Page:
Springfield, Mo. — It’s impossible to imagine Missouri State baseball without Keith Guttin.

Number two has been in the Bears dugout for four decades.

In fact there were no dugouts when he coached his first bears game.

“I don’t think we had dugouts. No I’m serious, I think we still had the benches.” Bears head coach Keith Guttin said. “It was Indiana State doubleheader at Meador park we won the first game 8-2, and lost the second game.”

There were a lot more wins in coach G’s future.

Nearing the end of his 40th season, Guttin has won 1,334 games.

Guttin played second base for the Bears, and he’s the all-time winningest coach at Missouri State.

He’s number three of active D-1 coaches and 16th in NCAA baseball history.

“Yea, yea. Without doubt you love it more when you win,” Guttin said. “Let’s be honest. You know take batting practice two hours before. I even enjoy watching that

He’s also enjoyed teaching the game.

Guttin’s coached thousands of players in his tenure, 120 of them have signed professional contracts.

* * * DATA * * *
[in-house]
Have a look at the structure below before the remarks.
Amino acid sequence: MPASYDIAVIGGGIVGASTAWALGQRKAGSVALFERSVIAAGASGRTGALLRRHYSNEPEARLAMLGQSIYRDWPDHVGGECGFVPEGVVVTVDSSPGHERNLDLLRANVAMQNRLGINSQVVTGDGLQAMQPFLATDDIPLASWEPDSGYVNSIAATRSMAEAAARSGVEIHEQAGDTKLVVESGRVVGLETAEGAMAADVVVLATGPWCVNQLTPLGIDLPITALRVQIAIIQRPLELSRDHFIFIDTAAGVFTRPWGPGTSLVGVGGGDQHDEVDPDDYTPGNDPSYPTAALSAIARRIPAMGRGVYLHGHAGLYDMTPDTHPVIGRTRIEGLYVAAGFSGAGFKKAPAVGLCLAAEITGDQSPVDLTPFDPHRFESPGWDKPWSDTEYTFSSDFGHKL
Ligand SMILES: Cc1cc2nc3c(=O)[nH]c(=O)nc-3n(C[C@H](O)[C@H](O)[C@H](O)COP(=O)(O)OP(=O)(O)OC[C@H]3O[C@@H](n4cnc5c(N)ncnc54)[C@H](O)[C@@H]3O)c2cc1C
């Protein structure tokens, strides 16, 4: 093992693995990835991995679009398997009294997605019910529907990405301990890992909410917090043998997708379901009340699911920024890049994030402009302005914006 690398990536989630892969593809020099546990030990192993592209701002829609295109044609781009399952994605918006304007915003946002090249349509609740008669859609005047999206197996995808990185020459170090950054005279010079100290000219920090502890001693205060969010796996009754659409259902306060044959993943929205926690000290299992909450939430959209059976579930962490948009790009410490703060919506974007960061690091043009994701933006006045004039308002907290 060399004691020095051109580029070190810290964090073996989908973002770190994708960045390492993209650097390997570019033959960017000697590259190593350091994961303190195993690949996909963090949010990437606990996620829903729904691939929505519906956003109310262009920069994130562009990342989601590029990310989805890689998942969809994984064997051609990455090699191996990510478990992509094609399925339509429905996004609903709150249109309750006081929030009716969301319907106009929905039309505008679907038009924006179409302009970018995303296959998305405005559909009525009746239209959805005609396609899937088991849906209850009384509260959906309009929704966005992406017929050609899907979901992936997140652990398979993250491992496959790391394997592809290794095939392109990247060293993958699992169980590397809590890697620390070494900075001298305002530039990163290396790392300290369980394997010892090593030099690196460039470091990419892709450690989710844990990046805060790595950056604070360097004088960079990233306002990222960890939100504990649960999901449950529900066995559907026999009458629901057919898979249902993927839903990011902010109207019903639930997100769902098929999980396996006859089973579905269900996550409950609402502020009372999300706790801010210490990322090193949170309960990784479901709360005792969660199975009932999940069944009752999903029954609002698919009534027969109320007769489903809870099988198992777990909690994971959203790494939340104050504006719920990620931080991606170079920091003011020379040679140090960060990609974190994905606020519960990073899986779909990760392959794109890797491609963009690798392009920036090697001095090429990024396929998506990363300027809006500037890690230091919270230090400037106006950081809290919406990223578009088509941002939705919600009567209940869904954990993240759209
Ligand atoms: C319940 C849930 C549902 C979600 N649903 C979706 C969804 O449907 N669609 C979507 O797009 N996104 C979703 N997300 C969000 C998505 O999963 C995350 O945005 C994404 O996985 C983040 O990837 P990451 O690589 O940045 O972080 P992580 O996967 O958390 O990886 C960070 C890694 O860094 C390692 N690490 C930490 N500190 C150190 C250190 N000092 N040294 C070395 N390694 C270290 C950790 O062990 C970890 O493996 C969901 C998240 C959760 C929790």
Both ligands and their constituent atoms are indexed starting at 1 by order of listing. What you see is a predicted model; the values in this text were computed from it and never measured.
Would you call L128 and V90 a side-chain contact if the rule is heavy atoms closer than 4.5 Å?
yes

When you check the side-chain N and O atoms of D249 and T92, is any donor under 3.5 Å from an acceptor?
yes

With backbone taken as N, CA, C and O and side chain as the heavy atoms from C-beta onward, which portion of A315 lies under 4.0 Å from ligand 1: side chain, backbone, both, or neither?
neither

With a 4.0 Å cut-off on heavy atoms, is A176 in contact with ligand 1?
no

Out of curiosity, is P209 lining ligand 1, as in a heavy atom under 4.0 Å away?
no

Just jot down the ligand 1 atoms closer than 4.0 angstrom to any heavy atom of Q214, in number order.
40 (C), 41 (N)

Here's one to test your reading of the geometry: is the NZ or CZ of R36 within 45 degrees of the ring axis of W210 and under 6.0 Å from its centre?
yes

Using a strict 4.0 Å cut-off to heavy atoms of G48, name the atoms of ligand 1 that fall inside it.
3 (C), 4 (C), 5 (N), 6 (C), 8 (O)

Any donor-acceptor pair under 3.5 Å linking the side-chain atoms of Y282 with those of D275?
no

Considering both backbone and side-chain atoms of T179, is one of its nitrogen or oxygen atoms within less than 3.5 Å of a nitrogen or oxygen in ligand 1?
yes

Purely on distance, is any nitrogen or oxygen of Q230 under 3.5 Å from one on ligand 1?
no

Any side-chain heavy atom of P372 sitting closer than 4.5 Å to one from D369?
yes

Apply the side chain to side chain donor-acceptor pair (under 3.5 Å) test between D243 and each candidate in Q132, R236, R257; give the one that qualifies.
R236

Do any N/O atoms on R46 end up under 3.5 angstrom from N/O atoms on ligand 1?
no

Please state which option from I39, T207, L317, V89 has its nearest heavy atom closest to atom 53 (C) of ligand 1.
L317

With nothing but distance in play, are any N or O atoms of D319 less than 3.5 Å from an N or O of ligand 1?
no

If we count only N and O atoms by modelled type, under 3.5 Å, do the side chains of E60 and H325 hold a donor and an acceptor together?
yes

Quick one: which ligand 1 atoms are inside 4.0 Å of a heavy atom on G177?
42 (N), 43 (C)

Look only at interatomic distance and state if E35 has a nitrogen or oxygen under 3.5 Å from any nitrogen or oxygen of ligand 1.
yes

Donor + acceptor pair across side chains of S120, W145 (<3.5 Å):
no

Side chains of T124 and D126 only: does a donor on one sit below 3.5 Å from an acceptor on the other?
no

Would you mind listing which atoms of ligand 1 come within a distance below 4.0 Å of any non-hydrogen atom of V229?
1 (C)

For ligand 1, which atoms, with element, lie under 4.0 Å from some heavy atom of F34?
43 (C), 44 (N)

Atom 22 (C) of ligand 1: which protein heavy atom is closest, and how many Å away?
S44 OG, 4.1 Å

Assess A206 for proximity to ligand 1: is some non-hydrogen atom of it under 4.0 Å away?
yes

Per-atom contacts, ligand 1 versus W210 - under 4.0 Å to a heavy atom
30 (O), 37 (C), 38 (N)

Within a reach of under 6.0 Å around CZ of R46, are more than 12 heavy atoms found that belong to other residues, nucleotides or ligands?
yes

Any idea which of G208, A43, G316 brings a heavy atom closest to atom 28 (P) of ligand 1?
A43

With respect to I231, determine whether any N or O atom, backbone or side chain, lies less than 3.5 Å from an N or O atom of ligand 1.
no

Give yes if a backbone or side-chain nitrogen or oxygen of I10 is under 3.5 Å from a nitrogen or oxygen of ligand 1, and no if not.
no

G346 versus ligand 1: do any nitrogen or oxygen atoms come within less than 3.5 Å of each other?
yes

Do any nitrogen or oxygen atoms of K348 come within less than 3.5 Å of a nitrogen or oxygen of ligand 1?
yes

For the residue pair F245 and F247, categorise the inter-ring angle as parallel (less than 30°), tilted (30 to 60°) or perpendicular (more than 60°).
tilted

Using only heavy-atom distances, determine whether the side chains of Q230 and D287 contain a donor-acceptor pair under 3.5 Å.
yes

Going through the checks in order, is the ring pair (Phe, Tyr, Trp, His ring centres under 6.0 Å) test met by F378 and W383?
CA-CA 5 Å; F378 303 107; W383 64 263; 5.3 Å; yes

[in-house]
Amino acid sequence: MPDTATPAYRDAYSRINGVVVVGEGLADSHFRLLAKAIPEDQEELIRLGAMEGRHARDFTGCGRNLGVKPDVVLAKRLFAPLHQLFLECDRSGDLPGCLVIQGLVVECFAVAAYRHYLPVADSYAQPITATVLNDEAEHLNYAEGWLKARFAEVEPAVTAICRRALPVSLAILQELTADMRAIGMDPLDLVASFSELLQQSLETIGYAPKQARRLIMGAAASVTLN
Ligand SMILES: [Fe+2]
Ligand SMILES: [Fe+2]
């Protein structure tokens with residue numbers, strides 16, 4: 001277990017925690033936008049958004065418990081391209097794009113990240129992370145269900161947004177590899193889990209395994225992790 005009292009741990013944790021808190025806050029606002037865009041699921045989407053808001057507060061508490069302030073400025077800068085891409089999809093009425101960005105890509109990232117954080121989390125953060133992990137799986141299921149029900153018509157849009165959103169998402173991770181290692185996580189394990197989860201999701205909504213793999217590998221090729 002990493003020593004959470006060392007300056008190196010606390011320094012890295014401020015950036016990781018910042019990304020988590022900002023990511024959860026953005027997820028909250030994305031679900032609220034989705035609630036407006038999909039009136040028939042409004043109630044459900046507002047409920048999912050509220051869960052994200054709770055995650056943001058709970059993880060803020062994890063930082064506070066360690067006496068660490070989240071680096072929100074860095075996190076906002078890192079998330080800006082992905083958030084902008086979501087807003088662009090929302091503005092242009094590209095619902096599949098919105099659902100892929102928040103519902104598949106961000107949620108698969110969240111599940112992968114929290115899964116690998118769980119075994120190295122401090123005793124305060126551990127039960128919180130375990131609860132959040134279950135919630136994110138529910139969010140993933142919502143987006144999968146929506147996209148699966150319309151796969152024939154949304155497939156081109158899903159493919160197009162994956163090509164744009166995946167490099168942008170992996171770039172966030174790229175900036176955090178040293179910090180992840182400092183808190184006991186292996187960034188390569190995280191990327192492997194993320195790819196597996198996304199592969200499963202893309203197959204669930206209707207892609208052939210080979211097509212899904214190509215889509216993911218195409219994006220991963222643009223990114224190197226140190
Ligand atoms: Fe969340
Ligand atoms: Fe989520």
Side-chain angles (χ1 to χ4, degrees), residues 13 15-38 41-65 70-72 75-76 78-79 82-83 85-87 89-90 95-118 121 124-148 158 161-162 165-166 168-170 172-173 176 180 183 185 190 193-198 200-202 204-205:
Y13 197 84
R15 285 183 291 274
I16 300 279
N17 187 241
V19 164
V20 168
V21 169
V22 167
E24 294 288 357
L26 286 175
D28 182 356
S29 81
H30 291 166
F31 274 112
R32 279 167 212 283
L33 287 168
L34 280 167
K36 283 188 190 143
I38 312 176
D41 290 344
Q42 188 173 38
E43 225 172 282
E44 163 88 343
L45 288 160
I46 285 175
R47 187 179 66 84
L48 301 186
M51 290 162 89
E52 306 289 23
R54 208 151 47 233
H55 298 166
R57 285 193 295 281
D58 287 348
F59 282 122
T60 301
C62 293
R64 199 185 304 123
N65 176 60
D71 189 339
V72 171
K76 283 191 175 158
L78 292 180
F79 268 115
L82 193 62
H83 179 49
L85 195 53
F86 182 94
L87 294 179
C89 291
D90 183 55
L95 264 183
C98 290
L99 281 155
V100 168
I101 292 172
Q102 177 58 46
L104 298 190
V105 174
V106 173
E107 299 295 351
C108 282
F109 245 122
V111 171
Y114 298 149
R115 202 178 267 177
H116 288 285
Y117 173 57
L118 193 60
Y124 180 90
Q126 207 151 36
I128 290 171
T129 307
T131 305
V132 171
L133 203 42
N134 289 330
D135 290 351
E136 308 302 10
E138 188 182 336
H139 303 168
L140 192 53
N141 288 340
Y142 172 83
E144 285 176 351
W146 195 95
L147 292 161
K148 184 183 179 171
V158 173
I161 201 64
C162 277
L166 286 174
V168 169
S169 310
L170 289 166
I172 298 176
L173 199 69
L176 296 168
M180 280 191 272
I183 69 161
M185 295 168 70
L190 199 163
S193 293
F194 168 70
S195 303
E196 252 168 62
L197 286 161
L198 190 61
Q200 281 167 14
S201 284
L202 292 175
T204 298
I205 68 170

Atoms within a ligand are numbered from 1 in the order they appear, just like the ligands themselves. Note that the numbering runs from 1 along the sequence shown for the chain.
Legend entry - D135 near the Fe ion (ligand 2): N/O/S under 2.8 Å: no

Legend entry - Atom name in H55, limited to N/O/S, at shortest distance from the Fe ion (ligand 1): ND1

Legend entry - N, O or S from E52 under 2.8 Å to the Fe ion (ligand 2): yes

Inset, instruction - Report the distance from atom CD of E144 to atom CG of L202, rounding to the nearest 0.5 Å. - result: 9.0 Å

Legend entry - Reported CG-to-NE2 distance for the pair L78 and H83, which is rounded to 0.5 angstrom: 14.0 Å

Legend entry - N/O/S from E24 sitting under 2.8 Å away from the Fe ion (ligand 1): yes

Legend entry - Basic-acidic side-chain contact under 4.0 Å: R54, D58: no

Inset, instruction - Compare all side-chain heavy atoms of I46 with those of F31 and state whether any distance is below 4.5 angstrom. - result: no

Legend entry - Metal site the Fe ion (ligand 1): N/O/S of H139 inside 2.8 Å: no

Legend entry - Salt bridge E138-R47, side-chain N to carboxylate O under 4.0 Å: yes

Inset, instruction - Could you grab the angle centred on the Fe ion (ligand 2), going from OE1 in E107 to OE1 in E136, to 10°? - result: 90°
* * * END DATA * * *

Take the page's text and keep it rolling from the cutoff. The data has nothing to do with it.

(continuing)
And 18 have played in the major leagues.

“We’ve had ups and we’ve had downs,” Guttin said. “But just trying to be consistent for the players. Someone they can approach and have relationships with. It doesn’t always end up perfectly but most of the time it does.”

Missouri State has won 61 percent of Guttin coached games.

And he has a dozen 40-win seasons.

In 2003, Guttin’s Bears reached the promised land, the College World Series in Omaha.

But Guttin says the 2015 campaign is his most memorable.

The bears hosted an NCAA regional and advanced to the super regionals before losing to Arkansas.

“I would say 2015 hosting a regional was phenomenal. And winning the Regional,” Guttin said. “And just for Springfield, for Missouri State, for the players and their families. The place was packed it was electric. That was a highlight, that was a big highlight for me.”

As Keith Guttin’s career enters the late innings, the lifetime Bear looks ahead to the next game and the next challenge.

He loves baseball, Bears baseball.

“It’s a game within a game….it’s kind of unique and always different,” Guttin said. “And the most important player on the field changes every game, that’s your pitcher.”

One thing that never changes is the man watching from the bears dugout, Keith Guttin.

“Occasionally someone will say why haven’t you left here,” Guttin said. “I think the two things that are most important where you live and who you work with.”